Phonics on the Web > The Alphabet

The Alphabet

The English alphabet is a set of 26 letters, each of which roughly represents a phoneme. The word "alphabet" comes from alpha and beta, the first two letters of the Greek alphabet.

The 26 letters of the alphabet are: A, B, C, D, E, F, G, H, I, J, K, L, M, N, O, P, Q, R, S, T, U, V, W, X, Y, and Z. Each comes in both an upper and lower case. The letters of the alphabet in lower case are a, b, c, d, e, f, g, h, i, j, k, l, m, n, o, p, q, r, s, t, u, v, w, x, y, and z.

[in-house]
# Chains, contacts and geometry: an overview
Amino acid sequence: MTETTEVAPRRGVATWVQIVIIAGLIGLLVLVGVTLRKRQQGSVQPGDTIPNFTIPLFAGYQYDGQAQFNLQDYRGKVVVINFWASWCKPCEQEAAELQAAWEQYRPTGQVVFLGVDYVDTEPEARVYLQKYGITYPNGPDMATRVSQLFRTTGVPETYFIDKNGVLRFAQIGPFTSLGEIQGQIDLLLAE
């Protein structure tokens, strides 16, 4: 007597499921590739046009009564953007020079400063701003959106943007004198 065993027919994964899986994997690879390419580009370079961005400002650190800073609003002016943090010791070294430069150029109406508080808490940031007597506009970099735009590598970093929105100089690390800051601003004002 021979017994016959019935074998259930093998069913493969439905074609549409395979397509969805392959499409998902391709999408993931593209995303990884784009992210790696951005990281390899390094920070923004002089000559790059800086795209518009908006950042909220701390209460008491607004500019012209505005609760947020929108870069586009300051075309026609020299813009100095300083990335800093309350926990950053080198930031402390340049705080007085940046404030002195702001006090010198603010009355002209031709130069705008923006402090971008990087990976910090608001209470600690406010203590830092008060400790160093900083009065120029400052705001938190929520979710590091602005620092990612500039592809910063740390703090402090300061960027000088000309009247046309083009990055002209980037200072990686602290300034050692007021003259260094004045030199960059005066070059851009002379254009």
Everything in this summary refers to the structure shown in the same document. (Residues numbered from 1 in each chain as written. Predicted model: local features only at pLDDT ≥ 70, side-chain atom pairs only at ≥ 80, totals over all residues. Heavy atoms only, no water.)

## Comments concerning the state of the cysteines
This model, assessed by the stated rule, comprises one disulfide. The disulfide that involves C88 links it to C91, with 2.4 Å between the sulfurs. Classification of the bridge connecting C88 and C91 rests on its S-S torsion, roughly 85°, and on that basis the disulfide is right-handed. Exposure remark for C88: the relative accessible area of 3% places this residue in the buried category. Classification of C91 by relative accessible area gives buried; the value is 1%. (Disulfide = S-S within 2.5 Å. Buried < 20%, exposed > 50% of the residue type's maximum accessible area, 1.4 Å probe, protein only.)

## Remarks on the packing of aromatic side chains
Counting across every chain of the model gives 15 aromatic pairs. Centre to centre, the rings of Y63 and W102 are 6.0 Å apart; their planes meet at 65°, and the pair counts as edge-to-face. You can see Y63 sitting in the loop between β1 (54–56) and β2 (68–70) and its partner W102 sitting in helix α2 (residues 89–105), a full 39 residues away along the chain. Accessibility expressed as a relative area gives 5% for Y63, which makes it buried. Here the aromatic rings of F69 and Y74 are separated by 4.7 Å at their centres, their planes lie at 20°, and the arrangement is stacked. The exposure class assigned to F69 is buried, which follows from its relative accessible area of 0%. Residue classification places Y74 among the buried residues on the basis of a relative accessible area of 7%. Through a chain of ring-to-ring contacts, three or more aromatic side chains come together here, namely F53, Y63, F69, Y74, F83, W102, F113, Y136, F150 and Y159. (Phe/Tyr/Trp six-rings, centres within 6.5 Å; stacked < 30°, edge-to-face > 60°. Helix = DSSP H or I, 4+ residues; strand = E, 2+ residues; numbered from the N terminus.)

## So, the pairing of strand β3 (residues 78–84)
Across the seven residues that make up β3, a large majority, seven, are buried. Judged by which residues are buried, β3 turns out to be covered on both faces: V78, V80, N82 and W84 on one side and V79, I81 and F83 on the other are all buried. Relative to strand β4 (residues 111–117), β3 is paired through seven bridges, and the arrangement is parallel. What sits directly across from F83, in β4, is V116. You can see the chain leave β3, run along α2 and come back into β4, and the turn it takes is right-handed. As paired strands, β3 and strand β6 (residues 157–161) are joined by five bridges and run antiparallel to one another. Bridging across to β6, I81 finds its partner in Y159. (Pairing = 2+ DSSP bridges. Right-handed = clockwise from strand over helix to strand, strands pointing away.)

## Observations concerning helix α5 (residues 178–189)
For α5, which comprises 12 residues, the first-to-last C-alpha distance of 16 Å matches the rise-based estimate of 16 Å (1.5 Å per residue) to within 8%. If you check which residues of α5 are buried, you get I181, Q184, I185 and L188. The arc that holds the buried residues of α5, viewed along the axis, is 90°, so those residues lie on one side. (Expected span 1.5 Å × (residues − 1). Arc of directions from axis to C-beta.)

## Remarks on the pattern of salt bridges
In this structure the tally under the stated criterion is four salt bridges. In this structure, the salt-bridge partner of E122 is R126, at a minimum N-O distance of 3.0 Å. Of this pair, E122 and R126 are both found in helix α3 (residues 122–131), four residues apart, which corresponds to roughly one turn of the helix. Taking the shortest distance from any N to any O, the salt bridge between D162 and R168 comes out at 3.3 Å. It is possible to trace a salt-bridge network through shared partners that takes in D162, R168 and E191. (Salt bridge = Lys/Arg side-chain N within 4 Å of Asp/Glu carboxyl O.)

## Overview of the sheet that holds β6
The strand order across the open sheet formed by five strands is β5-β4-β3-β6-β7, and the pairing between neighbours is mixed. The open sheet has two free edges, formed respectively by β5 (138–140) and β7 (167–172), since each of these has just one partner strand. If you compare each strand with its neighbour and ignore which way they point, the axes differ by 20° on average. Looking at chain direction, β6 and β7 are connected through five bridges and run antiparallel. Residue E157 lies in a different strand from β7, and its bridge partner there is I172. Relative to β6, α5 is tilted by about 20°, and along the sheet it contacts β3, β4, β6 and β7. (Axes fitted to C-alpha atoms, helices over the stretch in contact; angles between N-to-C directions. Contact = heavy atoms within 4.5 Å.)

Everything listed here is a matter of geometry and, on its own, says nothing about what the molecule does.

Of these 26 letters, there are two kinds: consonants and vowels. The consonants of the alphabet are: b, c, d, f, g, h, j, k, l, m, n, p, q, r, s, t, v, w, x, y, and z. The vowels are a, e, i, o, and u. Note that the letter y is classified as a consonant, but sometimes acts like a vowel.

Each letter is like an animal. Each has a name, but also makes a certain sound. For example, a cat says "meow." These sounds are called phonemes.

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